In spite of intense persecutions leading to the stake, and despite enforced banishments, Reformed congregations were set up all over France from 1555 onwards. Very soon, there were more that a thousand congregations with more than two million converts. The largest number of churches being in southern France. The Catholics and Protestant theologians met in the Poissy Colloquy (1561) attempting to find some common ground. Instead Protestantism was seen to be both a challenge to royal authority and a movement of conflicting faiths. Queen Catherine de Medici in 1562 did not take a strong stand against Protestants in France but other nobility used religious differences to cement their own local power.
The Peace of St Germaine in 1570 was the end of eight years of war surrounding the attempt by the Catholic League to consolidate power using religious differences as the leverage. Only two years later came the St. Bartholomew Day Massacre where more than 20,000 Huguenots were killed. Persecutions continued and were systematically carried out while whole cities tranferred to Protestant control. In the South of France a kind of Protestant Republic was even declared in 1572, opposed to royal power, possessing an army and with its own legislature and government.
The Edict of Nantes of 1598 had given relative religious freedom to the Huguenots by the sessession of the throne by Henry of Navarre ( becoming Henry IV), a Huguenot. In England Calvinism became known as the Puritans. The relative calm after the Edicts of Nantes were broken periodically by constant pressure from the Jansenist Catholics until the forcible take over of the Huguenot strong hold of La Rochelle by Cardinal Richelieu's armies in 1628."The Clandestine Baptism," by Jeanne Lombard, Musee du désert
The Protestants that remained with their faith were forced
worship ceremonies and endured constant allertness to avoid
They disguised their pulpits as wine barrels or made them
easy concealment. They made miniature bibles that they hid easily
in the buns of women's hair. They hid their ministers in caves and
compartments. The town of Anduze, just west of Alès, became
center of Protestant resistance under the leadership of the Duc de
and were the most challenging of papal and the king's authority.
had strong fortifications with rugged hills surrounding it. This
the Camisards group, as they were known, to hold off the kings
25,000 men for over two years after their initial attack in 1629.
were discovered they were subjected to forced conversion.
were imprisoned in various chateau across France. Many men ended
to a galley oar on royal ships while others were simply killed.
Louis XIV allowed the Huguenots some freedom from interference until he married the staunch Catholic, Madame de Maintenon 1684. He had been told that Protestantism had been eliminated from the country and, therefore, no need for the law. He revoked the Edicts of Nantes in 1685 and then took efforts at the forced conversion of any remaining members of the sects. Ministers of the faith were given two weeks to leave France while their congregation was denied the right to exit. If the ministers didn't leave they were arrested and forcibly removed from the country. Protestant reaction was swift. Since entire industries were controlled by the Huguenots and because their wealth and industry was important to the economy, it was very important to keep these people in France. Soldiers were stationed at the borders of France to prevent their emigration. They were then pushed back to their villages and forced to convert to Catholicism. Never the less, an estimated 300,000 people were able to get out of the country and took their money, skills and industry to the other countries which profited from these new immigrants. [Pigeaud ]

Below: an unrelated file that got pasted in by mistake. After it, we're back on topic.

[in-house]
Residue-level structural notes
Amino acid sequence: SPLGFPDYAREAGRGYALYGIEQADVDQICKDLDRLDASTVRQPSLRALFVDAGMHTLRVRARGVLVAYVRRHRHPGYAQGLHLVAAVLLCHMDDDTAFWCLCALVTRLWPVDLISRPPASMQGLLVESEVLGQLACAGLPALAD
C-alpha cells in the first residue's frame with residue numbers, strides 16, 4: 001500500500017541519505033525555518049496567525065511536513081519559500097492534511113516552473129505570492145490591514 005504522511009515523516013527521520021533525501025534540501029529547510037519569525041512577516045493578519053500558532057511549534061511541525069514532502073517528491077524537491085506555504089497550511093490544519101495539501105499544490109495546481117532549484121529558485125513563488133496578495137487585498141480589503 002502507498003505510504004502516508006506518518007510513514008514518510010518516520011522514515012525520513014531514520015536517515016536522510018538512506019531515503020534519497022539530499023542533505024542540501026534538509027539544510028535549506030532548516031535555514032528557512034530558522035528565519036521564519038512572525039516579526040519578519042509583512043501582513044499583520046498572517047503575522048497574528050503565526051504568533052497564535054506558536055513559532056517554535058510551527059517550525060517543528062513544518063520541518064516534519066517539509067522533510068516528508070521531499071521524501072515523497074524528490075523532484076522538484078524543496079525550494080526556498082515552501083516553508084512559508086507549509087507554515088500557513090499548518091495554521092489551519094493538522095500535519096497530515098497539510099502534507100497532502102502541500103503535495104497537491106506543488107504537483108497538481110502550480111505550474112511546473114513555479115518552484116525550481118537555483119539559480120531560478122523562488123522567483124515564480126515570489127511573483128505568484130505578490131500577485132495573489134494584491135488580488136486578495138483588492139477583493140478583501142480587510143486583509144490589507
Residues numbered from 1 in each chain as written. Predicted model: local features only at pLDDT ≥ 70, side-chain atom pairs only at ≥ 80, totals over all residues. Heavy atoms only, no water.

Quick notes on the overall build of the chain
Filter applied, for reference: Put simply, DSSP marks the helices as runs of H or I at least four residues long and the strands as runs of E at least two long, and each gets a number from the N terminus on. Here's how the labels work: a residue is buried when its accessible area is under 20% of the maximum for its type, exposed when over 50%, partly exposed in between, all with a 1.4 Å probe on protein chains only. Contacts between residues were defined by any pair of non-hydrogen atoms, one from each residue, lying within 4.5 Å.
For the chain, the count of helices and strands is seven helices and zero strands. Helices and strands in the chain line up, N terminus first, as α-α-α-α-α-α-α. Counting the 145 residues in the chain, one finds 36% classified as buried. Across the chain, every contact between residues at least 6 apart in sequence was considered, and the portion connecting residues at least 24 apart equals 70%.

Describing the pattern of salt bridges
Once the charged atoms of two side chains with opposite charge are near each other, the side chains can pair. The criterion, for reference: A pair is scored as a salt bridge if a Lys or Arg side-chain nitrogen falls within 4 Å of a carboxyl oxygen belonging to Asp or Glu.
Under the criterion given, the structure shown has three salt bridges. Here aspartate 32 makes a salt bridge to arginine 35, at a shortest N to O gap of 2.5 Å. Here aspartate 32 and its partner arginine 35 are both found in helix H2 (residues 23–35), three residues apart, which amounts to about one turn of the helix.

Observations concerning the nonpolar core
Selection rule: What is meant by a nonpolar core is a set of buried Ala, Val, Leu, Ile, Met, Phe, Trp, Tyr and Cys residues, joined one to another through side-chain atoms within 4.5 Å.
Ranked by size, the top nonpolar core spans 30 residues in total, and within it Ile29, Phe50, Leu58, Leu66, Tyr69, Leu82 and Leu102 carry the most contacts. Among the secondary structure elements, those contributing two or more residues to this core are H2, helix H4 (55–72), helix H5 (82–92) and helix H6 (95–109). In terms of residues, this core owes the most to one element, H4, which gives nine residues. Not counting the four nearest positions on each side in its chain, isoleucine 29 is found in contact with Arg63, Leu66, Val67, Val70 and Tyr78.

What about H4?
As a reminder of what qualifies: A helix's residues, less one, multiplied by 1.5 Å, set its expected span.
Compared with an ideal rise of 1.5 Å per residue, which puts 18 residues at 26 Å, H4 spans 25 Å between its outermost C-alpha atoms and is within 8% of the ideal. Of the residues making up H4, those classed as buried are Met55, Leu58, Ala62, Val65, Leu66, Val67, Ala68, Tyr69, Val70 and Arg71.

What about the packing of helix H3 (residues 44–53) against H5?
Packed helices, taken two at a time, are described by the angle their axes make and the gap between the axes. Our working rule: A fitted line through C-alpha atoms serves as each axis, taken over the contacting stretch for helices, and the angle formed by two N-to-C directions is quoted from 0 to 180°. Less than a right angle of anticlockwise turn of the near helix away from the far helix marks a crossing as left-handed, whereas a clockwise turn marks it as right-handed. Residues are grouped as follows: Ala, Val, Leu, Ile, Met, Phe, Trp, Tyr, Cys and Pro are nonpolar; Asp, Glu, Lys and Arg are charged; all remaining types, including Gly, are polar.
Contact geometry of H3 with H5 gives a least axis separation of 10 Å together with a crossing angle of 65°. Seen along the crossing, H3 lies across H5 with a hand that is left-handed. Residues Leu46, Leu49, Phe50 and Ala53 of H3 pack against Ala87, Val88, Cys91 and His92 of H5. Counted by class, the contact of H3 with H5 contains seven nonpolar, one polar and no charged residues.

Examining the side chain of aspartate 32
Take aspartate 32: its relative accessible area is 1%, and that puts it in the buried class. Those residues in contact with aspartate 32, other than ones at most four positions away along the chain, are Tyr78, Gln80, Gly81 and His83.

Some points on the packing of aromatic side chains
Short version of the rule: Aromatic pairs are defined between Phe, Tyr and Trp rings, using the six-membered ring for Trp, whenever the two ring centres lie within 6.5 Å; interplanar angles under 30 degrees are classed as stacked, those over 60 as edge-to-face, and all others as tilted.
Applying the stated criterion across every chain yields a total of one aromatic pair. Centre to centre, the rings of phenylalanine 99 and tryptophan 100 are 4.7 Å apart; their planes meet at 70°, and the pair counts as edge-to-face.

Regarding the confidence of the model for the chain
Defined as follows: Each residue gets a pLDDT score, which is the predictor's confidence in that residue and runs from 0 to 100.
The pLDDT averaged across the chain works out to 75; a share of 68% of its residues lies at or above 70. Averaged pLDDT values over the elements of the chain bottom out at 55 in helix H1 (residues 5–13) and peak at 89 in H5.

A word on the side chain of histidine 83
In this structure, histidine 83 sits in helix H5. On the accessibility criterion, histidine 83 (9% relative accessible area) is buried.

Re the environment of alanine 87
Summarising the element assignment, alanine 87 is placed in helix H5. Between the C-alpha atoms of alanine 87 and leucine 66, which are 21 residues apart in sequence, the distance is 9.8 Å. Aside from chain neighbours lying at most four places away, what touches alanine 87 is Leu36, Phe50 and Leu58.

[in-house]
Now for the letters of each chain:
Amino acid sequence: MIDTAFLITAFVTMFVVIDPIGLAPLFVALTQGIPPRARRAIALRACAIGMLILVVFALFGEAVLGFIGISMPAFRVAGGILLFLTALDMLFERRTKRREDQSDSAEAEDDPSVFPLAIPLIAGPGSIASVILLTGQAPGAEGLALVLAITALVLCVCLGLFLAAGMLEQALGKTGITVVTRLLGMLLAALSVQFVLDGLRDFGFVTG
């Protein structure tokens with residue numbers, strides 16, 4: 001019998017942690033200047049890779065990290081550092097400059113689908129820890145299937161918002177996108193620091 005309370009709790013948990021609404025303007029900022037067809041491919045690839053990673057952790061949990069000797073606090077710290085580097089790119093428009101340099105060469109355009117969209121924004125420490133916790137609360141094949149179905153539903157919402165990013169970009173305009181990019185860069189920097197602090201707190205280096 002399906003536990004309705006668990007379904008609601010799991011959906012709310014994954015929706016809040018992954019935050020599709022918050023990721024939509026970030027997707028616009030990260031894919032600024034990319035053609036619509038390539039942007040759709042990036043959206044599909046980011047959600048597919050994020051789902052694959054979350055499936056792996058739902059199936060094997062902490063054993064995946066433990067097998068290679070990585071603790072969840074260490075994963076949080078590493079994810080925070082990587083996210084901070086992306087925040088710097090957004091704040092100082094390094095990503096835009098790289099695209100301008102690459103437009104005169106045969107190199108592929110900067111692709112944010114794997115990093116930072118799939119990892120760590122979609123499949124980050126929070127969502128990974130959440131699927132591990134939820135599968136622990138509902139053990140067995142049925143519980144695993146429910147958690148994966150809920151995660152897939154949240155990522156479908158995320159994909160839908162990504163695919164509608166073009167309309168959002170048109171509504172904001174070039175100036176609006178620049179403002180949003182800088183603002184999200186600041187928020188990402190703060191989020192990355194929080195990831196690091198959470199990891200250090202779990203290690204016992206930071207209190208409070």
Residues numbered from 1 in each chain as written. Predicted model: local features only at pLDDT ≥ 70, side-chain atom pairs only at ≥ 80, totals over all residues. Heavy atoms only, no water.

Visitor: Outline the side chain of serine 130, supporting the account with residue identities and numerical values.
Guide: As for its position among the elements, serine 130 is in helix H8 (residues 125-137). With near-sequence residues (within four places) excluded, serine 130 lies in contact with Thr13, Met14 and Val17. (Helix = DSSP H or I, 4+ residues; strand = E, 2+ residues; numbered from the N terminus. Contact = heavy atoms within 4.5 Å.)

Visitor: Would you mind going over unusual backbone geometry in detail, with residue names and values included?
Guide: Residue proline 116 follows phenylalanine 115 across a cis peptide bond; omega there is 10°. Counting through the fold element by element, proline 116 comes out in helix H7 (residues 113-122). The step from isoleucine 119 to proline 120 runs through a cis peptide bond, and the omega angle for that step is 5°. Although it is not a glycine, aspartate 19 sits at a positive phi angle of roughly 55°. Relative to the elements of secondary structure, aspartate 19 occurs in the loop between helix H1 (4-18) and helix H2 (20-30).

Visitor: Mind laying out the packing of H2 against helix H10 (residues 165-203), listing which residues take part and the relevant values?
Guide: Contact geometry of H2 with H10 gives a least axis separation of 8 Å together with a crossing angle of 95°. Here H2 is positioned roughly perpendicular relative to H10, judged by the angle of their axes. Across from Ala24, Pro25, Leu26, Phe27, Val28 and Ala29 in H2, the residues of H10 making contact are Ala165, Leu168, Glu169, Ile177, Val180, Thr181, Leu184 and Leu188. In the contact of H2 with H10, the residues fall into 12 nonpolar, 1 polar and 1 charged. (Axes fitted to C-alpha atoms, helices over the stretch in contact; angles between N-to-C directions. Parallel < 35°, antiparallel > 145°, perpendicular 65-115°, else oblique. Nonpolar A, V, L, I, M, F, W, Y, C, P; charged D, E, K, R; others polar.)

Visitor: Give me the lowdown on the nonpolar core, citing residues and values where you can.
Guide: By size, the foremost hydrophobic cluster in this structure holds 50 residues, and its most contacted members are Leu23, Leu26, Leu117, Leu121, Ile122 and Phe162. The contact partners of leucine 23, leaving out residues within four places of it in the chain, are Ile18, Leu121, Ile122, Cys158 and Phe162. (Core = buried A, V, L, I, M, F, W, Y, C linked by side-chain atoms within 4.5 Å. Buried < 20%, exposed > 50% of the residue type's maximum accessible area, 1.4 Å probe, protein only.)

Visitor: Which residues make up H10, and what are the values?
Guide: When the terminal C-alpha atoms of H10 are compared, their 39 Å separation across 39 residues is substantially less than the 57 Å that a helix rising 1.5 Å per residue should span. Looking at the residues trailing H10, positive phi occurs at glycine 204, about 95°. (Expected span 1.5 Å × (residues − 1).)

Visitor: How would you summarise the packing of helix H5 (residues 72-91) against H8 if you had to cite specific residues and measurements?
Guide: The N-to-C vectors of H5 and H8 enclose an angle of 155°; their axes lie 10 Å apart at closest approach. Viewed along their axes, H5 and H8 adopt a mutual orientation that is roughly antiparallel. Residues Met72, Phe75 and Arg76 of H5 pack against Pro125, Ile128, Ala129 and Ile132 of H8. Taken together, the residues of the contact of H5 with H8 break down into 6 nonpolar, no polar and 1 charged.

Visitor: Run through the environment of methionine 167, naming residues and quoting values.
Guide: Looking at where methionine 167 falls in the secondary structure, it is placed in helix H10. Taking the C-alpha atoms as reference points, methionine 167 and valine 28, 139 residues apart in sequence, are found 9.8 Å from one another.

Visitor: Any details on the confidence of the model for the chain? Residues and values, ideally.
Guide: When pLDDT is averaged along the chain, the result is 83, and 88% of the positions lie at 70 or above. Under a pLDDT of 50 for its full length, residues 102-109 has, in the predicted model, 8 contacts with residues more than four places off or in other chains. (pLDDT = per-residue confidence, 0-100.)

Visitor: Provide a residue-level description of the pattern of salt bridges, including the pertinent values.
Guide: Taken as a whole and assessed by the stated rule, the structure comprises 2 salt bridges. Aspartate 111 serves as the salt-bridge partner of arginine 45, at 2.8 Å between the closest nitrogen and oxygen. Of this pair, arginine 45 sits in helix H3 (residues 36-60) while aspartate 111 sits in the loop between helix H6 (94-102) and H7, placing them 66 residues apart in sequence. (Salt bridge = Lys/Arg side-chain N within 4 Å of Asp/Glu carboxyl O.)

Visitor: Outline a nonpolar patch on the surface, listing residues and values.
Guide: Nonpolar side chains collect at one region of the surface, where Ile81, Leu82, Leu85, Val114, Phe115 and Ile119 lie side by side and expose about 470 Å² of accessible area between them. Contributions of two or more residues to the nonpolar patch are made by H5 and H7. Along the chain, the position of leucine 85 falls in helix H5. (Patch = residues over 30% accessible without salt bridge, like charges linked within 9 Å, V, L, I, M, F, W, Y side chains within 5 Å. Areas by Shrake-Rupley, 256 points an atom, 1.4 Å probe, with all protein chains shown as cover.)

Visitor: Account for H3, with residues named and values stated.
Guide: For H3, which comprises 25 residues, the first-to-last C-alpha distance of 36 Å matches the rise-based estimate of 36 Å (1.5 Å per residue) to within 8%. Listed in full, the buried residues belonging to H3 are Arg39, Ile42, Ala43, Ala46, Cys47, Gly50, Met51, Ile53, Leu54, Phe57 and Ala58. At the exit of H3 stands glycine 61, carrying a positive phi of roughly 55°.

Our Brashears had probably gone to England about 1628 after Cardinal Richelieu's suppressions at La Rochelle. Since their suppression campaign centered on Anduze, they could have very easily gone down the Rhone River from the Lyon or Alès regions to Marseille and picked up another boat there. (I personally favor this version without any firm facts to substantiate it.) If they were forced out at La Rochelle it would have been an easy trip from this port to go north along the coast and to cross the English Channel to Great Britain. England then was an ideal destination for this dispossessed group. By colonial association with Great Britain the leaders of Maryland, established in 1632, let it be known that they welcomed the Huguenots and other faiths. The second Lord Baltimore, Cecil Calvert, a Roman Catholic, believed in religious freedom and welcomed all settlers.
Benjamin Brashear is documented to have arrived in the Colonies from England in 1637 while Robert Brashear, his father, may have been here by 1636. They first settle in Virginia and gravitate to Maryland where he states in a document for citizenship that he had been previously a subject of the King of France. Several researchers have indicated that the immigrating Brassieur family had been residents of Avignon, in southern France. If they were in fact Calvinists in Avignon, it would give them good reason to leave since this was Catholic strong-hold since before the Renaissance. A ruin still exists in Avignon of the Pope's Palace created during the great schism.
See Robert Brasseiur and Benjamin Brashear
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